In surveying the cultural context of modern day Turkey it must be acknowledged that, historically, there have been critical problems between different ethnic (Turkish and Kurdish) and religious groups in Turkey arising from prejudice, intolerance and leading to hatred and conflict. One way of easing the tension between these groups could be by challenging prejudice through developing empathy, understanding and respect. Among a number of ways this could be done, researchers in the field of literacy and children’s literature have stressed the positive effects of reading books that emerge from the transaction between the reader and the text which have the potential to raise awareness about prejudice (Arizpe et al., 2014b; Farrar, 2017). However, research suggests that young people’s amount of reading books is low in Turkey (OECD, 2009; OECD, 2012); in addition, the Board of National Education in Turkey (BNET) and education policies in Turkey have not paid attention to young people’s reading interests or their reading for pleasure (BNET, 2011a and b). Based on the theoretical tenet that reading fiction can affect readers’ thoughts and emotions, the wide aim of this study was to explore the potential of reading fiction for developing empathy and understanding. Given that young people’s reading interests have not been considered in Turkey in detail, this thesis had to begin by investigating what kind of books were preferred and what effects they had on adolescent readers in that country. In order to accomplish this, a case study method with a mixed method design was employed and it was decided that an approach using the Transactional theory of reading as well as Cognitive Criticism would help to achieve this goal. In total, 381 students (aged between 16 and 18) responded to an online questionnaire and 10 of these students participated in interviews and reading activities. The data was analysed using the IBM SPSS 22 statistical analysis program and NVivo qualitative analysis software. The findings of the study identified the significant impact that gatekeepers and facilitators (government, publishers and social community) have on Turkish adolescents’ reading attitudes and choices. It was also found that, although young people liked reading contemporary fiction and online texts, so far this has not been taken into account in the Curriculum and in the promotion of reading in Turkey. The study has identified a major gap between what schools offer and what students read (or between in-school and out-of-school practices), a key aspect in reducing students’ interest in reading books and therefore a missed opportunity for raising awareness about prejudice. Finally, this study provides strong evidence about the potential of reading and discussing books with a small group of adolescent readers, an activity that enabled them to express their thoughts about serious issues and thus supported them in developing self-understanding and understanding of others.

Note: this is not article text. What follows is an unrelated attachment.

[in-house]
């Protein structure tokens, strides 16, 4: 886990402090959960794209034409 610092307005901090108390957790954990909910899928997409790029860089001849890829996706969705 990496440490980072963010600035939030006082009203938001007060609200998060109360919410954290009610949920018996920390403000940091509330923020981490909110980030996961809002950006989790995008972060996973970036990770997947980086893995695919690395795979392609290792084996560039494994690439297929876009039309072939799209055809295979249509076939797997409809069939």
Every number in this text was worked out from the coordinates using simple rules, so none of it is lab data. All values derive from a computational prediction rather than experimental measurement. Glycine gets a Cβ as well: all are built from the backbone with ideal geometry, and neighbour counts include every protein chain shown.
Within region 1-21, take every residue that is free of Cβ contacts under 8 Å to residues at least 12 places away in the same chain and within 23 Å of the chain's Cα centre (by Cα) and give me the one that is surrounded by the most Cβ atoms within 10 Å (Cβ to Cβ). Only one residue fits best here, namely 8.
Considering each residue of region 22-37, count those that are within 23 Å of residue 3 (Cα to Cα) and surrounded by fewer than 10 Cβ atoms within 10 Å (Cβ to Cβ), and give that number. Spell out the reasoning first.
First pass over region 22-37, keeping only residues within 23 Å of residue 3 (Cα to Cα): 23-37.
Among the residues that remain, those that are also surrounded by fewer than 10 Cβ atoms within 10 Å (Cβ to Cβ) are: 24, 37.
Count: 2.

|Publisher||University of Glasgow|
|Number of pages||272|
|Publication status||Published - 2018|